Tonight I said goodbye to my all-time favorite late night talk show host, David Letterman. The web and TV have been full of much-deserved tributes to Letterman in the lead-up to his final Late Show broadcast. Even though he wasn’t always the most watched or even most liked host, it’s nice to see all the appreciation for his absurdist humor and deliberately prickly demeanor.
Letterman leaves behind an incredible legacy, but his greatest contribution to late-night comedy is unfortunately the least emulated. Letterman’s show was smart. Not just because he was smart, but because he assumed his audience was too.
A perfect example of what set Dave apart from his competition can be seen in every opening monologue. Content-wise, there was little difference between Letterman’s openings and anyone else’s–same format, same cheesy and predictable punchlines, same shallow mockery of celebrities and politicians. The difference was that Dave knew these jokes were dumb, and he knew his audience knew it. Leno, Fallon, even Conan all tried to play these awful bits for big laughs. Dave knew better. He knew they were lame. He knew that making fun of Bill Clinton or Kim Kardashian was low-hanging fruit. If a joke didn’t hit, he’d just give a wry smirk and move on. In fact, he sometimes seemed to deliberately parody the format and style that he helped institutionalize.
Additionally, Letterman brought on smart guests and had smart interviews. Short of Sterwart and Colbert (who will be a more-than-worthy successor), no other host brought on more artists, political leaders, or writers. And even if it was just some Hollywood actor, Dave never let an interviewee get away with simply plugging their project.
My absolute favorite interview Dave ever did was with then-Presidential candidate George W. Bush. Letterman had been trying to get a Bush/Gore debate on his show for months. Supposedly Gore agreed to it immediately, but wound up appearing on the show alone. Eventually, a terribly unprepared Bush came on just a few weeks before the election.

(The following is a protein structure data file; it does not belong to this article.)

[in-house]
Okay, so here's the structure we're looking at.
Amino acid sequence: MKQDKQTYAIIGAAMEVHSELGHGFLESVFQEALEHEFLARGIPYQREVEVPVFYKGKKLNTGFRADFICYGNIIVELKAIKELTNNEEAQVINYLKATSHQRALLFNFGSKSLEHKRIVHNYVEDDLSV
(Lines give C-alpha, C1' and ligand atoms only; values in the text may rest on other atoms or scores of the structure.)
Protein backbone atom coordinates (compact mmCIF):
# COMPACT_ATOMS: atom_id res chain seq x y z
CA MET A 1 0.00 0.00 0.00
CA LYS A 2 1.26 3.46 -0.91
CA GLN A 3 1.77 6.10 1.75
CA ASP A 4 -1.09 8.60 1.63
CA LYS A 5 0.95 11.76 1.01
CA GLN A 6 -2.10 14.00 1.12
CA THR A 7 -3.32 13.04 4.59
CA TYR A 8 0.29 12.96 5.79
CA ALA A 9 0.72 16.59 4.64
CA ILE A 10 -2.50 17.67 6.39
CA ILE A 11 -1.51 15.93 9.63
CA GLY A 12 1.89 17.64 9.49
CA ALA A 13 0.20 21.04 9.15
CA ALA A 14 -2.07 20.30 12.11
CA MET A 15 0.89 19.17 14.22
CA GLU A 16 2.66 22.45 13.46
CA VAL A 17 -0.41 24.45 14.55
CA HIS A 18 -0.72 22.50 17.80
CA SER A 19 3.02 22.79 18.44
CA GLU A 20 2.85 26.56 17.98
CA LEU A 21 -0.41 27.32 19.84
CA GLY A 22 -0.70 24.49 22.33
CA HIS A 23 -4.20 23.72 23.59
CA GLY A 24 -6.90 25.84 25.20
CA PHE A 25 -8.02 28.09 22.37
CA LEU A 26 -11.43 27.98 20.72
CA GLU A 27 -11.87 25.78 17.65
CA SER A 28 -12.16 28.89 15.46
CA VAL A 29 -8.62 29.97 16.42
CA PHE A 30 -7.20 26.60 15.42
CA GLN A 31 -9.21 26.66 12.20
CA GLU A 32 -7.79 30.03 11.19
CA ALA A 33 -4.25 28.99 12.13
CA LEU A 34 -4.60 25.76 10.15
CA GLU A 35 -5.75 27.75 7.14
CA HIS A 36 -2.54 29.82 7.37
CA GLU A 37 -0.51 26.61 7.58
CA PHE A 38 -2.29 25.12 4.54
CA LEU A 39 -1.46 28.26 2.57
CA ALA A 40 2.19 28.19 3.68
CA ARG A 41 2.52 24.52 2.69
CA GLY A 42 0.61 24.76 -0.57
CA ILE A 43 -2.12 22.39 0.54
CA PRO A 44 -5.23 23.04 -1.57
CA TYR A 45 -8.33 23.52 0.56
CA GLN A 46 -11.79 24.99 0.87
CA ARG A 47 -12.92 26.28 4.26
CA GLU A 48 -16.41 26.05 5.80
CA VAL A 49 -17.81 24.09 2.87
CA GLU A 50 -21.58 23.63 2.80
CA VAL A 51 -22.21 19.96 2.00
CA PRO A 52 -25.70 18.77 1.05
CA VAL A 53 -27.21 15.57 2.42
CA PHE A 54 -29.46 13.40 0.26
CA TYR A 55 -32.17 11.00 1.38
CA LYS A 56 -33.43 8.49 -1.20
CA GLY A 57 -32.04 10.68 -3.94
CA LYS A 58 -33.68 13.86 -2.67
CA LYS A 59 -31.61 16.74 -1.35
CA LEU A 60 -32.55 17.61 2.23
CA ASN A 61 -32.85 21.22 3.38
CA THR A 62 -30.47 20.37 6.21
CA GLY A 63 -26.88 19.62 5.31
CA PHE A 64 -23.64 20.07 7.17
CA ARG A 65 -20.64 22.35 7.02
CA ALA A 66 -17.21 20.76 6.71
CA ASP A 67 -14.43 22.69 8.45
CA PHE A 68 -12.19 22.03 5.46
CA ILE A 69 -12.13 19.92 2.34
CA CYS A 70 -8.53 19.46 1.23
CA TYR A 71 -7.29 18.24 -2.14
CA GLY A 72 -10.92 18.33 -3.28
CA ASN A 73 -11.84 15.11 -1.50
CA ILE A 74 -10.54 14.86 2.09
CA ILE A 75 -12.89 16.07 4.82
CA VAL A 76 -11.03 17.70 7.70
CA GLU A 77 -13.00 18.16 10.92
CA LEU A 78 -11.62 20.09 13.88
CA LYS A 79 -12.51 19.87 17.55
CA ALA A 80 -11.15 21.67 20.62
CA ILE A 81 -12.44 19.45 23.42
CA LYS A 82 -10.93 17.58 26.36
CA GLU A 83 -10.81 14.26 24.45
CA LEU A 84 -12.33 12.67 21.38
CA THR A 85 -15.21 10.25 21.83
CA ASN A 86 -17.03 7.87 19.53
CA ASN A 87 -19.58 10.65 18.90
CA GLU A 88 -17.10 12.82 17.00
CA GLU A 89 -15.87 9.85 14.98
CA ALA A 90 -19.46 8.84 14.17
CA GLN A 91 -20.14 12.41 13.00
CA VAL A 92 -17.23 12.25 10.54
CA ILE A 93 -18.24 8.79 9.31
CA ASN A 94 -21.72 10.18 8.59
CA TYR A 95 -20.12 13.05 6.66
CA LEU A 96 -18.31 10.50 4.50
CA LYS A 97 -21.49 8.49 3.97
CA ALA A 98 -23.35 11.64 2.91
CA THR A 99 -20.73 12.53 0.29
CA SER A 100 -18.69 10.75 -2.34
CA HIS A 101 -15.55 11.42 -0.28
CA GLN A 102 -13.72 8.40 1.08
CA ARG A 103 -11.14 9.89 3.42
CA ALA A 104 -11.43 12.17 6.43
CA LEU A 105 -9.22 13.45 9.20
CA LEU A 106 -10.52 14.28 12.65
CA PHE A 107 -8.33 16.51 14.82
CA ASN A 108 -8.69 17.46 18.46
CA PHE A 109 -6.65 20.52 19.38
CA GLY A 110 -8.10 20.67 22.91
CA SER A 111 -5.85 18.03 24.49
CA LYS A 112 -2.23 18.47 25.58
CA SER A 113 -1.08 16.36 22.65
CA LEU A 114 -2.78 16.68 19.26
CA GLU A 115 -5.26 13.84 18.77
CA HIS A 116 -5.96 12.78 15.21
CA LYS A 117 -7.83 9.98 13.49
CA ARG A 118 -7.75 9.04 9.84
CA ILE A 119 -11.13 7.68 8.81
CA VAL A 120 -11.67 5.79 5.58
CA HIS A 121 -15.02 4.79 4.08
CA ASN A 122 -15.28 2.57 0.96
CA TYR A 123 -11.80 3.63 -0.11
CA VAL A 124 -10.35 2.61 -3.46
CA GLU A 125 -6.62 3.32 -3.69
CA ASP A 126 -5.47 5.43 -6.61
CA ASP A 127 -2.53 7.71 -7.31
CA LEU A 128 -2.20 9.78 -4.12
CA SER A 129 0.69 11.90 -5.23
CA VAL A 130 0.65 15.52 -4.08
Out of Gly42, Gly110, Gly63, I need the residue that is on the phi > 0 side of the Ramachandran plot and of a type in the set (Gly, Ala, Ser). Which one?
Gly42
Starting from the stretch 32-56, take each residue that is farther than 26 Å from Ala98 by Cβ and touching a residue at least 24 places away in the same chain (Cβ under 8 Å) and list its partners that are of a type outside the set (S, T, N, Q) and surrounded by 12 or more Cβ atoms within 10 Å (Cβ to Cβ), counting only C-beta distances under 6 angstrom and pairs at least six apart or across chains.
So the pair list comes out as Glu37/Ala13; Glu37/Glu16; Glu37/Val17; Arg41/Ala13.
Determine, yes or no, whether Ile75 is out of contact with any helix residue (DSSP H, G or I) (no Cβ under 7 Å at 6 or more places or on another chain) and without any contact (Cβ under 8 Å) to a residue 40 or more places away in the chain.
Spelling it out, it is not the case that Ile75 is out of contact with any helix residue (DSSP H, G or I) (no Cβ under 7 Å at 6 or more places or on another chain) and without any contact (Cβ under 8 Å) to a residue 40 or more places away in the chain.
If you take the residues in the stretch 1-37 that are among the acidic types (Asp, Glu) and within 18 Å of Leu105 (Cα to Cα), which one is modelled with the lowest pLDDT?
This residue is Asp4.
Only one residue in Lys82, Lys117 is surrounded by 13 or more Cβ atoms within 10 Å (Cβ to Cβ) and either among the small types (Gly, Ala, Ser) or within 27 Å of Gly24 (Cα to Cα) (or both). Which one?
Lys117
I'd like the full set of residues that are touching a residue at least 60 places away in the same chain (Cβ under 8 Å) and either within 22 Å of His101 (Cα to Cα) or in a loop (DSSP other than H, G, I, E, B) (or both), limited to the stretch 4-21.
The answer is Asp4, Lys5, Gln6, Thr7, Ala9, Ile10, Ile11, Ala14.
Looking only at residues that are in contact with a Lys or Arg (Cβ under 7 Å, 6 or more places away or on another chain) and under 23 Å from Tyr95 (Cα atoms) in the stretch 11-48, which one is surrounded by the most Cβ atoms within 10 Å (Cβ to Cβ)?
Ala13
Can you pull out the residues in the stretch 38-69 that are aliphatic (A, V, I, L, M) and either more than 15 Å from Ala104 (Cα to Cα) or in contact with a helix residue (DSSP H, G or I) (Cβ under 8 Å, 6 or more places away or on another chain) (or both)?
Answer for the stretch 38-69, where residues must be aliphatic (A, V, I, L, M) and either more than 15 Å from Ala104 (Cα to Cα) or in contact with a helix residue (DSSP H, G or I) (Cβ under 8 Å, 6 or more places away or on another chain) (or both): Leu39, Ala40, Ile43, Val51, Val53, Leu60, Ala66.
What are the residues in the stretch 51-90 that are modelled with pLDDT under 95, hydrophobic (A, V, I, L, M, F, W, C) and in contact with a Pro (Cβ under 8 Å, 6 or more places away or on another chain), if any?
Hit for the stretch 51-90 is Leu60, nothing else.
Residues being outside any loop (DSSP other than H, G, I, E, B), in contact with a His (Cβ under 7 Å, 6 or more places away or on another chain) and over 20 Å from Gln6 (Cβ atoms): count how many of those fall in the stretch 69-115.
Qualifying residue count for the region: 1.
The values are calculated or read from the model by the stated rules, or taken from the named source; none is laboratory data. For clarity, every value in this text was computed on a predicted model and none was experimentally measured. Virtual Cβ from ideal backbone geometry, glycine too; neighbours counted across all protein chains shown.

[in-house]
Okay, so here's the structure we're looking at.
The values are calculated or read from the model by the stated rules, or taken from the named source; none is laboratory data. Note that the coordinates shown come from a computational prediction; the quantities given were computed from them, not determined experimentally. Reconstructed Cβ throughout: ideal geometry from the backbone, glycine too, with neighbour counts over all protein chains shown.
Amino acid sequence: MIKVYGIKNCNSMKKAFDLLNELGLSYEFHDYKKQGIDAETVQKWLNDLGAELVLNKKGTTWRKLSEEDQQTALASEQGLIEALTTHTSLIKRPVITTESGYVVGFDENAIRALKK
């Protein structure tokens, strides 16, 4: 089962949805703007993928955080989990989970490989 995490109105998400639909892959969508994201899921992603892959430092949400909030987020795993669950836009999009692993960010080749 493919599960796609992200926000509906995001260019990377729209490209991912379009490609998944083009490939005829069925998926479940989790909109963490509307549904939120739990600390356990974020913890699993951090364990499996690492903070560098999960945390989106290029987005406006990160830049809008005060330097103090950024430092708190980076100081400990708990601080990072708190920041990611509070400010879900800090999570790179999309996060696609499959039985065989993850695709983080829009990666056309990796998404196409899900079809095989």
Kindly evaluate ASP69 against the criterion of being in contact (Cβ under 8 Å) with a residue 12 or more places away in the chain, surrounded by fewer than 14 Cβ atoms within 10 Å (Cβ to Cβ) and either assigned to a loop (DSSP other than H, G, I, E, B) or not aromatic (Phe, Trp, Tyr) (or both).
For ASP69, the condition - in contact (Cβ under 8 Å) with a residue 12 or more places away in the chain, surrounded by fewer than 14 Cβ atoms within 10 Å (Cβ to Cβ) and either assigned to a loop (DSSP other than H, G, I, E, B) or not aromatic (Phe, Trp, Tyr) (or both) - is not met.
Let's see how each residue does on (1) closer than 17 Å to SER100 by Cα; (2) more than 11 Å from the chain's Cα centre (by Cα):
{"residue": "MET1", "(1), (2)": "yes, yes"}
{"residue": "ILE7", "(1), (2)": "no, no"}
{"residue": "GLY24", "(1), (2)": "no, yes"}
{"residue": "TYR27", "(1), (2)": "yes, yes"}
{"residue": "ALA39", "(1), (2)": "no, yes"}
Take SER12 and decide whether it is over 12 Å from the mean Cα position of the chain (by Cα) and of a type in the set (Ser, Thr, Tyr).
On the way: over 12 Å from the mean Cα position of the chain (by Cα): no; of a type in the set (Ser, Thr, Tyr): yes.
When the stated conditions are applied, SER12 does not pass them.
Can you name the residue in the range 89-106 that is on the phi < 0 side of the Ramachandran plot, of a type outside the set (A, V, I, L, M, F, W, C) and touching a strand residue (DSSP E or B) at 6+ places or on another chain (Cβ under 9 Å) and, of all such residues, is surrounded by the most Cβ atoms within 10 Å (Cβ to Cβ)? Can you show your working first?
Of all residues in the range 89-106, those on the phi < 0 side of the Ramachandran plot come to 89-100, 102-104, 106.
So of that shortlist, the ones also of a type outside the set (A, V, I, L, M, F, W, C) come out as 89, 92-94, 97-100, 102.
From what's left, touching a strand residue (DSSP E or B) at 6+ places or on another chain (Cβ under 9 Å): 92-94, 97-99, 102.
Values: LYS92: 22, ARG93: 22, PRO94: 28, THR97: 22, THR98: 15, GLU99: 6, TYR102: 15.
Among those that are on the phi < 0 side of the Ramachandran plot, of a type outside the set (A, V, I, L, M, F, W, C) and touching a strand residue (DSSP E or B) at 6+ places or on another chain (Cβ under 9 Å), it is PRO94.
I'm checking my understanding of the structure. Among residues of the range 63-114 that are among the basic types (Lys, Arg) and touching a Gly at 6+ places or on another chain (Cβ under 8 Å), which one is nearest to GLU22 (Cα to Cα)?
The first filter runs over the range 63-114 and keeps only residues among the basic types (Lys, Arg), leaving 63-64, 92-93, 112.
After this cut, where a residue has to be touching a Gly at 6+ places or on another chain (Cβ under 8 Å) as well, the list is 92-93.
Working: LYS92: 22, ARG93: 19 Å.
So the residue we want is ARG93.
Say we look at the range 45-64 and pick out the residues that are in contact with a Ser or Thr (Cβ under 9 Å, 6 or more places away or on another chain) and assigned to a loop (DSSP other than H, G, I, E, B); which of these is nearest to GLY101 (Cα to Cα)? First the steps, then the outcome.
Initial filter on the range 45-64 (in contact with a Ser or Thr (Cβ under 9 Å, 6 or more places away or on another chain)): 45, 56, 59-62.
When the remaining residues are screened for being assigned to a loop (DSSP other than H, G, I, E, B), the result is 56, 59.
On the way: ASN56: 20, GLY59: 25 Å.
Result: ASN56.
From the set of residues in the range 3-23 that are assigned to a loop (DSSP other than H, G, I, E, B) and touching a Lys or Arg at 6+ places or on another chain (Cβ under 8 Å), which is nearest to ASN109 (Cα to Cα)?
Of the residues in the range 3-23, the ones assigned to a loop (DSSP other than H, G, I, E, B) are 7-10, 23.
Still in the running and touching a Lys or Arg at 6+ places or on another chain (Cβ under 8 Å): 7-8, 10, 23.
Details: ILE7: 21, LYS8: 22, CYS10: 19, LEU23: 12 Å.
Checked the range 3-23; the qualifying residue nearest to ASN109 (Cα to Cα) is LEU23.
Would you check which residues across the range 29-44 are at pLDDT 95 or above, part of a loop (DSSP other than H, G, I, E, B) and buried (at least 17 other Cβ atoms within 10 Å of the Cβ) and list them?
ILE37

I was 14 when I saw this broadcast, and it’s the exact moment when my political consciousness was born.
I could go on and talk about how much my sense of humor or taste in music was shaped by Dave. But I can’t imagine recreating ‘Will it Float?’ in the school cafeteria or being introduced to Warren Zevon because of Late Show are unique to me. Instead, I’d rather give credit to Dave for teaching me that there’s no need to dumb yourself down for anyone else’s sake; people are generally smart enough to figure things out. And if someone isn’t, the people who are probably think it’s hilarious.
As sad as I am to hear that Jon Stewart will be leaving The Daily Show, I have to admit it will be for the best. A long and successful career in satire is tricky, if not impossible. At best, you’re held in such high esteem that you become as institutionalized as the things you mock. At worst, you wind up Dennis Miller.
While I have no doubt that Stewart would have remained sharp, relevant, and truly funny on the show forever, I can’t fault him for wanting to depart while he’s on the top. Stewart leaves behind a phenomenal television legacy which has already been carried on by Stephen Colbert, John Oliver, and Larry Wilmore.
From his statement on the show tonight, it’s clear that Stewart has some ideas for what’s next. I’m excited to see where his post-Daily Show career will go. As for ‘The Daily Show with Jon Stewart,’ thanks for teaching America to take on politics and the news media with a critical eye. But more importantly, thanks for the laughs.
Here are a couple of my favorite tweets about Jon Stewart’s departure:
Washington is rigged for the big guys – and no person has more consistently called them out for it than Jon Stewart. Good luck, Jon!
I don’t really pay much attention to the Globes, but they’re a good predictor of Oscar winners, and you can’t go wrong with Tina and Amy. Might as well watch and take a stab at guessing the winners. I’ll update with actual winners and my overall accuracy as the night goes on…
Best Motion Picture, Drama
The Imitation Game
The Theory of Everything
Best Actress in a Motion Picture, Drama
Julianne Moore (Still Alice)
Rosamund Pike (Gone Girl)
Reese Witherspoon (Wild)
Felicity Jones (The Theory of Everything)
Jennifer Aniston (Cake)
Best Actor in a Motion Picture, Drama
Eddie Redmayne (The Theory of Everything)
Steve Carell (Foxcatcher)
Benedict Cumberbatch (The Imitation Game)
David Oyelowo (Selma)
Jake Gyllenhaal (Nightcrawler)
Best Motion Picture, Musical or Comedy
Into the Woods
The Grand Budapest Hotel
Best Actress in a Motion Picture, Musical or Comedy
So I’m watching a re-run of Family Guy on Adult Swim, and a bit they did seemed eerily familiar. The clip is set up with something like, ‘it’s worse than that time Darth Vader was a meter maid.” Then we see this:
Sorry for the poor quality; couldn’t find a legit version on-line.
The clip is from the episode ‘Mother Tucker,’ first aired on September 17th, 2006. The video below was made by me and my buddy Jeff in the summer of 2005 (granted it wasn’t posted until August 7th, 2006).
Did Seth MacFarlane rip us off? The similarities are striking. But you be the judge.
Okay, honestly, I have absolutely zero reason to believe that anyone working for Family Guy ever saw this video. And to be even more honest, their clip is far more funny than ours. I just wanted an excuse to post this video again. Good times.